Anyways, where can I begin with the acting? In a word, phenomenal. One can thank the casting director of this film for picking actors with a background in theatre (Both Jackman and Crowe worked in theatre, Hathaway is a trained soprano and also has extensive theatre experience), yet one can be certain that even they found putting a sung-through musical onscreen a challenge. But did they disappoint? I think not.

The same can be said for Redmayne and Seyfried, who portray Marius and Cosette so perfectly it seems as though they were made for their parts in the film. Newcomer Samantha Barks (who played Eponine in the 25th anniversary concert), makes a notable debut, singing her iconic ‘friendzone’ anthem ‘On My Own’ with almost the same power and emotion evocative of the original. Baron-Cohen and Bonham-Carter honestly deserve an Oscar nom each for the way they stole the show, bringing a much-needed splice of humor to the serious musical.

Indeed the actors played their parts to perfection in this movie. Jackman and Hathaway’s transformations proved to astound, as did their incredible singing work (which was not always technically perfect). I’m afraid the same cannot be said for Crowe. Baron-Cohen and Bonham-Carter deserve honorable mentions, and so does young Cosette (played by Isabelle Allen), whose haunting rendition of Cosette’s introductory song is one that is nothing short of beautiful.

Yet when has a film ever been perfect? Unfortunately, never.

Technical gaffes like questionable cinematography (when did cropping foreheads become a Hollywood thing?) and the overuse of the clear-unclear technique (the background is blurred, the subject not blurred… forgive me I am unaware of the term for such) will disturb some. The zoomed-in angle is also quite questionable and sometimes cringe-worthy (Valjean dying, Marius’ song after the revolution, a bit of ‘I Dreamed A Dream’).  Another thing I found problematic was the placing of ‘On My Own’. I remember crying my eyes out when I watched the Lea Salonga version, but I found it somewhat disappointing (forgive my standards) that I didn’t feel the same level of emotion when the song was rendered onscreen. I didn’t feel that with Anne’s ‘I Dreamed A Dream’, which pretty much leaked powerful anger and emotion that is challenging to evoke, and that disappointed me. I honestly blame it on the placing of the song and the lack of build-up in the scenes that would make one anticipate hearing ‘On My Own’. Another thing that some would consider ‘a gaffe’ is the fact that the director chose to stay true to the ‘sung-through’ aspect of the film. Some would probably praise Hooper for choosing to stay true to the musical, but not everyone would find such appealing, especially if the actors aren’t able to deliver technically-perfect singing 100% of the time. One could cite as an example the 2004 adaptation of another sung-through musical: The Phantom of the Opera as a possible ‘model’ for this film in terms of keeping dialogue and music in balance. (Unfortunately, the film does not follow Phantom’s style of dialogue-music, as evidenced the fact that Hooper chose to stay true to the musical).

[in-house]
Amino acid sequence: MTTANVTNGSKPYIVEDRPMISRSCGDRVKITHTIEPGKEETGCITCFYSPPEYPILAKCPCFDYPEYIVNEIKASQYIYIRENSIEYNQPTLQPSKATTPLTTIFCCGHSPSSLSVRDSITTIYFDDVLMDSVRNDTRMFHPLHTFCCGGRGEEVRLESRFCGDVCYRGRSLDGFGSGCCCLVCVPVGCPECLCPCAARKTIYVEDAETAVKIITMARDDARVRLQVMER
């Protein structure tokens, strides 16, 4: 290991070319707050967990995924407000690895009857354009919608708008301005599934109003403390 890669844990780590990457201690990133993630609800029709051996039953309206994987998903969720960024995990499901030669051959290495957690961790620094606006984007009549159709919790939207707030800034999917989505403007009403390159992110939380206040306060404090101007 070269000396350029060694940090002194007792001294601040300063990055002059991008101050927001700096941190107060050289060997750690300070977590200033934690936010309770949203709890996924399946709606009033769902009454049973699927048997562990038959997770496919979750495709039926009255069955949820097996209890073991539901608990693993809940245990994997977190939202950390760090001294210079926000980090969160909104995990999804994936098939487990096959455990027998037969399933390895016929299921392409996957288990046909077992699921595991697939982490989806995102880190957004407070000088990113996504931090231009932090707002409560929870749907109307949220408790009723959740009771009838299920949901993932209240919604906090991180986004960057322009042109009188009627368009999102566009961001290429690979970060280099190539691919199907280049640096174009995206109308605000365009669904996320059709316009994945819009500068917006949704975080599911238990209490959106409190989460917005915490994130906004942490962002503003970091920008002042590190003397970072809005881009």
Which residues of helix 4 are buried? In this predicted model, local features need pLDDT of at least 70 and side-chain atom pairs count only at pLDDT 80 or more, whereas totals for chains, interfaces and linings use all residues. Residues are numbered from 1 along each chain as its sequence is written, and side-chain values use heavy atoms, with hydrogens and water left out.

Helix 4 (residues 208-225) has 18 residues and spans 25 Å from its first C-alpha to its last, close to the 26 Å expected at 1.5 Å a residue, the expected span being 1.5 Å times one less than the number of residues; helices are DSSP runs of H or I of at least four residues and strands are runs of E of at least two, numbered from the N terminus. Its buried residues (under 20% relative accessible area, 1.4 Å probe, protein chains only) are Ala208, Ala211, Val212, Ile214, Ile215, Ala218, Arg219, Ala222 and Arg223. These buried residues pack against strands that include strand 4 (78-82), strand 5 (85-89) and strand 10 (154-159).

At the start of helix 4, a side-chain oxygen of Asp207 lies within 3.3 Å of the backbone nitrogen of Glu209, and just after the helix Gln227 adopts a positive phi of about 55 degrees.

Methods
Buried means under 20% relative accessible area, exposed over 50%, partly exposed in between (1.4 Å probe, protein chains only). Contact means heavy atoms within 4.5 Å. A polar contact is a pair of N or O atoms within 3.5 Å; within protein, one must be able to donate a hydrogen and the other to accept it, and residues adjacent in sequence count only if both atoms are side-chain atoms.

Besides these minor gaffes, one can definitely say that the film lives up to the hype in more ways than one.There is definitely no doubt as to why the film is in contention for major trophies this awards season, and one need not be astute to predict that it will not take home at least one (or more) of the major awards for which it is nominated. 🙂